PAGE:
$2.5 billion Meridian deal is WellCare’s biggest acquisition ever, but also a step in a strategic plan for growth

Published May 30 2018
Updated May 31 2018

TAMPA — WellCare Health Plans’ $2.5 billion purchase this week of a Midwestern group of health plans — the biggest acquisition in the company’s history — is no fluke.

With a market capitalization of about $10 billion, WellCare is a Fortune 200 company and the second largest publicly traded company in the Tampa Bay area by market value. What’s more, it holds a respectable position nationally as the fifth largest manager of health care provided through Medicaid and the sixth largest manager for patients enrolled in the Medicare Advantage program.

Still, it is nowhere near the size of the titans of its industry like Humana (with a market cap four times as big), Anthem (formerly WellPoint, six times as big) or UnitedHealth Group (23 times as big).

"We don’t aspire to be the biggest company in the industry," WellCare CEO Ken Burdick told shareholders at the company’s annual meeting on May 23. But the company does have some ambitious business growth and service delivery goals, among them to build its revenues to $28 billion a year by 2021, double what they were in 2016.

So it is pursuing a multi-year plan to build revenue, membership and market share not only organically, but also through strategic acquisitions.

In late 2016 it picked up Care1st Health Plan Arizona for $157.5 million. Last year it acquired the Arizona Medicaid assets of the Phoenix Health Plan, then paid $800 million for Universal American, at the time its biggest acquisition ever.

Now comes Meridian, a well-regarded family-owned company based in Detroit. After the purchase was announced, Burdick described Meridian as "a business that I have admired for a long, long time" and saw as a good company to buy even before he came to WellCare in 2014.

"A compelling strategic fit for WellCare," Burdick told stock analysts on a conference call after Tuesday’s announcement.

Buying Meridian extends WellCare’s geographic range and adds to its base of Medicaid members, who account for about two-thirds of WellCare’s business. It is expected to add about 2,000 employees to WellCare’s workforce of 9,320.

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It also brings in a pharmacy management operation that, while not a big part of WellCare’s business now, has the potential to help it improve its service in to Medicaid and Medicare Advantage patients, as well as to save money for the state and federal governments that pay the bills.

Meridian has about 1.1 million members, the vast majority of them in Medicaid, in Michigan and Illinois, where it is the largest Medicaid health plan in each state. Once the deal goes through, WellCare will become the No. 1 Medicaid membership company in six states, up from four currently.

WellCare’s Medicare Advantage program will gain an estimated 27,000 members and a presence in three new states — Indiana, Michigan and Ohio — extending its reach in that program to a total of 21 states.

WellCare also is acquiring Meridian’s pharmacy benefit manager, MeridianRx. Pharmacy benefit managers, or PBMs, run prescription drug coverage. Insurers have worked to build or buy these businesses to improve how they share data, manage care and control prescription drug costs. That’s led to a series of deals and initiatives:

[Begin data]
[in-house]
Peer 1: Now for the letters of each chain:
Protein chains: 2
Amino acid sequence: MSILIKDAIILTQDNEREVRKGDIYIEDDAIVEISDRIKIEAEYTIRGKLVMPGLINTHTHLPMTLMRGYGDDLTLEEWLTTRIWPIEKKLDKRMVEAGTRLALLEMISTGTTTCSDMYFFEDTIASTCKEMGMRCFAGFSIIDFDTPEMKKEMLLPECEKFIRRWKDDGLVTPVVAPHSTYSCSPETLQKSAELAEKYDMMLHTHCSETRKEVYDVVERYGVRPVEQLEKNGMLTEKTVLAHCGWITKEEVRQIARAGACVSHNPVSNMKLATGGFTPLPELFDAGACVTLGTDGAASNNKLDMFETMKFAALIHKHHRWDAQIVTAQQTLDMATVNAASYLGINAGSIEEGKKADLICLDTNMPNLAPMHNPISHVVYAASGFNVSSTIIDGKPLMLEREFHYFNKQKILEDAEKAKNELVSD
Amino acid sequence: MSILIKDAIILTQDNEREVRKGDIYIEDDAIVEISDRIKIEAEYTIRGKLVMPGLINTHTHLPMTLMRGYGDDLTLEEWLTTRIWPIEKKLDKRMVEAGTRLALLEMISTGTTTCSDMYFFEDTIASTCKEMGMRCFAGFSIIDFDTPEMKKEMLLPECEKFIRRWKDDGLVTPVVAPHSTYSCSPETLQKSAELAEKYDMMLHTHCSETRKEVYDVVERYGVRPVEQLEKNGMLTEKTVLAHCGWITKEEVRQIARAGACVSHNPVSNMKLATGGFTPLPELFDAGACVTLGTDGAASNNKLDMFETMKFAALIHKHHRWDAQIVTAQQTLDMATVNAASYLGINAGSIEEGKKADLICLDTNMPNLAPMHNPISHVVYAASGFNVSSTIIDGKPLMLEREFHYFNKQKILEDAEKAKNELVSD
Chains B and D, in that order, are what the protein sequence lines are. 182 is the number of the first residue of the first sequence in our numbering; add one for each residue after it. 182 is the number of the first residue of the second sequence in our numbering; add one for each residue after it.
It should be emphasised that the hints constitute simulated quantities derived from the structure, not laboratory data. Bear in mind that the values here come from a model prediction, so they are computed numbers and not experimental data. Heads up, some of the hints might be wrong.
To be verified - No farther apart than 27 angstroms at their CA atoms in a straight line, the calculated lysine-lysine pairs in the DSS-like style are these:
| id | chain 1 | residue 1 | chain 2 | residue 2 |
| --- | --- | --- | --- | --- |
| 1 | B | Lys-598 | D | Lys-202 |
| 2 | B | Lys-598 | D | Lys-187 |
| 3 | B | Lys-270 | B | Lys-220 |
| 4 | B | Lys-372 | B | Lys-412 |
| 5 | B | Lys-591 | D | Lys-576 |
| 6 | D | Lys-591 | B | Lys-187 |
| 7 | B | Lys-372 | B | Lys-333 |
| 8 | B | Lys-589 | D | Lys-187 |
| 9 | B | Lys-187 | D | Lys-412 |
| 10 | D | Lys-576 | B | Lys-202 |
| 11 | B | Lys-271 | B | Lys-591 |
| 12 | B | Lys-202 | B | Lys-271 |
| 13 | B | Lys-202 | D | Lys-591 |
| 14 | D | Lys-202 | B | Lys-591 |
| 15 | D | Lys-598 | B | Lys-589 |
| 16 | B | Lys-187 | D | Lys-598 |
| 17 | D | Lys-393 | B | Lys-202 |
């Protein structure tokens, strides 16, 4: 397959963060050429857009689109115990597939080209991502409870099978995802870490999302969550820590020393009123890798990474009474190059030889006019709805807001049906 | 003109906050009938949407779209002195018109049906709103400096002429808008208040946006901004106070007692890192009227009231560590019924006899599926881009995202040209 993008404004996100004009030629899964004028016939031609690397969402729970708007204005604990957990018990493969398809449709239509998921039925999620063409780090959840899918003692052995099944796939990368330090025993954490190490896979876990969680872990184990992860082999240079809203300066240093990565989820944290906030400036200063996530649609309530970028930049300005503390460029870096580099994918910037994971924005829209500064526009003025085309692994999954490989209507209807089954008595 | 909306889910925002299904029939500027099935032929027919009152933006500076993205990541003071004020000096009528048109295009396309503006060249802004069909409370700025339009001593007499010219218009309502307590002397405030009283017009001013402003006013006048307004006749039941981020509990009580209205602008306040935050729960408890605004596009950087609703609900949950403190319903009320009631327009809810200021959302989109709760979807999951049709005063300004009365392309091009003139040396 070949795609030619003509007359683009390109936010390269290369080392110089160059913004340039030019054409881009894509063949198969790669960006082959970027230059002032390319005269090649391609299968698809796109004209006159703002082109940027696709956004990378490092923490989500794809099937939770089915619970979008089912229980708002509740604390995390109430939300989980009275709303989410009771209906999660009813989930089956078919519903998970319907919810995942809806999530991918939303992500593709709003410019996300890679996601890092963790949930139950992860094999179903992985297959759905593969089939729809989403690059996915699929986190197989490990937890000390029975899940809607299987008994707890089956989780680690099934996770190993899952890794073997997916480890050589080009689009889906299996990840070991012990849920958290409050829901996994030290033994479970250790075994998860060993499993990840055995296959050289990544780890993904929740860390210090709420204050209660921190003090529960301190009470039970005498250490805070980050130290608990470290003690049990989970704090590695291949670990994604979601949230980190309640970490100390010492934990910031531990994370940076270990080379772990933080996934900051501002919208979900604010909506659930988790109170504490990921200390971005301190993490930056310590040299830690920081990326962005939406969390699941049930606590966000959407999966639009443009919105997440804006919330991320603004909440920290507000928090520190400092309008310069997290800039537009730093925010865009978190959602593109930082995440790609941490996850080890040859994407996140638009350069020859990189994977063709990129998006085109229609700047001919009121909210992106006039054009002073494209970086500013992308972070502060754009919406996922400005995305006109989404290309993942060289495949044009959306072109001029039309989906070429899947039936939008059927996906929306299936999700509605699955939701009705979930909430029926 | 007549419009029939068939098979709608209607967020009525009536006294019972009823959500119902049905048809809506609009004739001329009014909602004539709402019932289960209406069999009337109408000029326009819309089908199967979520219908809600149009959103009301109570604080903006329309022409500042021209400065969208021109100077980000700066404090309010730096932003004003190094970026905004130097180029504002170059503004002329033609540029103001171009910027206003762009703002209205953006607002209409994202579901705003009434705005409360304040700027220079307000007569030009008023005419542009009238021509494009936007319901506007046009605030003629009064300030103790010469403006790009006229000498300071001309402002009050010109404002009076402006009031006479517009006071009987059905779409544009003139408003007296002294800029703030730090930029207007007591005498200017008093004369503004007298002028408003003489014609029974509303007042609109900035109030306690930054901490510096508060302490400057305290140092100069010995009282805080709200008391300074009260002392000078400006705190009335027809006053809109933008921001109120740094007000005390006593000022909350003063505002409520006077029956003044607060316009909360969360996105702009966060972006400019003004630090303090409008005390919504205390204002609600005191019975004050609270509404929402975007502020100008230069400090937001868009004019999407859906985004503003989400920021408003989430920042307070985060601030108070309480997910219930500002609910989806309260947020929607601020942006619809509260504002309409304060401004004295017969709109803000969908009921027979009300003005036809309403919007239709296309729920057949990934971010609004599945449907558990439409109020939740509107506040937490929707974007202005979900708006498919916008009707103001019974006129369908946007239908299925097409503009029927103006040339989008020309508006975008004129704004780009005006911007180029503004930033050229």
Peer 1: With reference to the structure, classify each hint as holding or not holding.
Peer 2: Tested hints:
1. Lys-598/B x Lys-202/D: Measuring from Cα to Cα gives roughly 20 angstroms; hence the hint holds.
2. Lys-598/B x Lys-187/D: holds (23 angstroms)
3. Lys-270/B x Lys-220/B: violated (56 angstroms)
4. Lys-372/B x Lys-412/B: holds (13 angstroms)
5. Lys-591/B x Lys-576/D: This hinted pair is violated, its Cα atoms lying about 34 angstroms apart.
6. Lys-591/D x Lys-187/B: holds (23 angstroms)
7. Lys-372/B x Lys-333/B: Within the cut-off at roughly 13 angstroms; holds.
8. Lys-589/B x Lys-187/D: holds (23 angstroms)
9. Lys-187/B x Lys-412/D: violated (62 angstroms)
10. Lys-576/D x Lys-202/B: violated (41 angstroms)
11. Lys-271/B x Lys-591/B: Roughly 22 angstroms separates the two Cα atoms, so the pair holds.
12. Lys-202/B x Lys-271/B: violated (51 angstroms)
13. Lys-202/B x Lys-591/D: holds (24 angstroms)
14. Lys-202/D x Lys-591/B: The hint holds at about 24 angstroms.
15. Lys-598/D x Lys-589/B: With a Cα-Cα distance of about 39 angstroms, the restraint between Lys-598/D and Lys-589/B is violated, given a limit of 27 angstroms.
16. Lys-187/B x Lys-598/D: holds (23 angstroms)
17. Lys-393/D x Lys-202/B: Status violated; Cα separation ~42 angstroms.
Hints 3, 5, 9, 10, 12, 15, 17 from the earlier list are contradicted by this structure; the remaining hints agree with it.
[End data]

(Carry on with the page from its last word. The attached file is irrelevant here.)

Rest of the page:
• In March, Cigna Corp. announced it would spend $52 billion on Express Scripts Holding Co., one of the nation’s biggest PBMs.

• UnitedHealth Group, the nation’s biggest insurer, has created one of the biggest PBMs through its Optum business.

• Anthem, the insurer for Blue Cross-Blue Shield, is building a PBM with help from CVS Health Corp., which is buying the insurer Aetna.

Meridian built its PBM in-house seven years ago. Burdick said he expects acquiring MeridianRx to provide WellCare with insights into managing pharmacy costs and integrating pharmacy services and medical care — benefits that could help the company both deliver affordable care and lower its costs.

"It was more than just icing on the cake," Burdick said of getting the PBM, "but it wasn’t the first driver of our interest."

Along with enhancing its pharmacy capabilities and extending its reach, buying Meridian also is expected to bring WellCare opportunities for earnings growth and to boost revenues toward that 2021 goal of $28 billion.

WellCare projects Meridian will add more than $4.3 billion in revenue, for an estimated total of $22.9 billion this year.

If it hits that mark, WellCare will have come a long way from its founding in 1985 by a small group of local doctors, its ownership in the 1990s by Dr. Kiran Patel and from a Medicare fraud scandal in 2011 that resulted in one guilty plea and four jury verdicts against the former CEO, chief financial officer, general counsel and two vice presidents.

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In his remarks to stockholders this month, Burdick foreshadowed the Meridian acquisition and indicated that WellCare has broadened how it will define success in the future.

"We are just getting started," he said. "We’re no longer focused on comparing our results to past WellCare results. We’ve now earned the right to compare ourselves to our very best competitors, and that’s what we plan to do."

This report includes information from the Associated Press. Contact Richard Danielson at rdanielson@tampabay.com or (813) 226-3403. Follow @Danielson_Times

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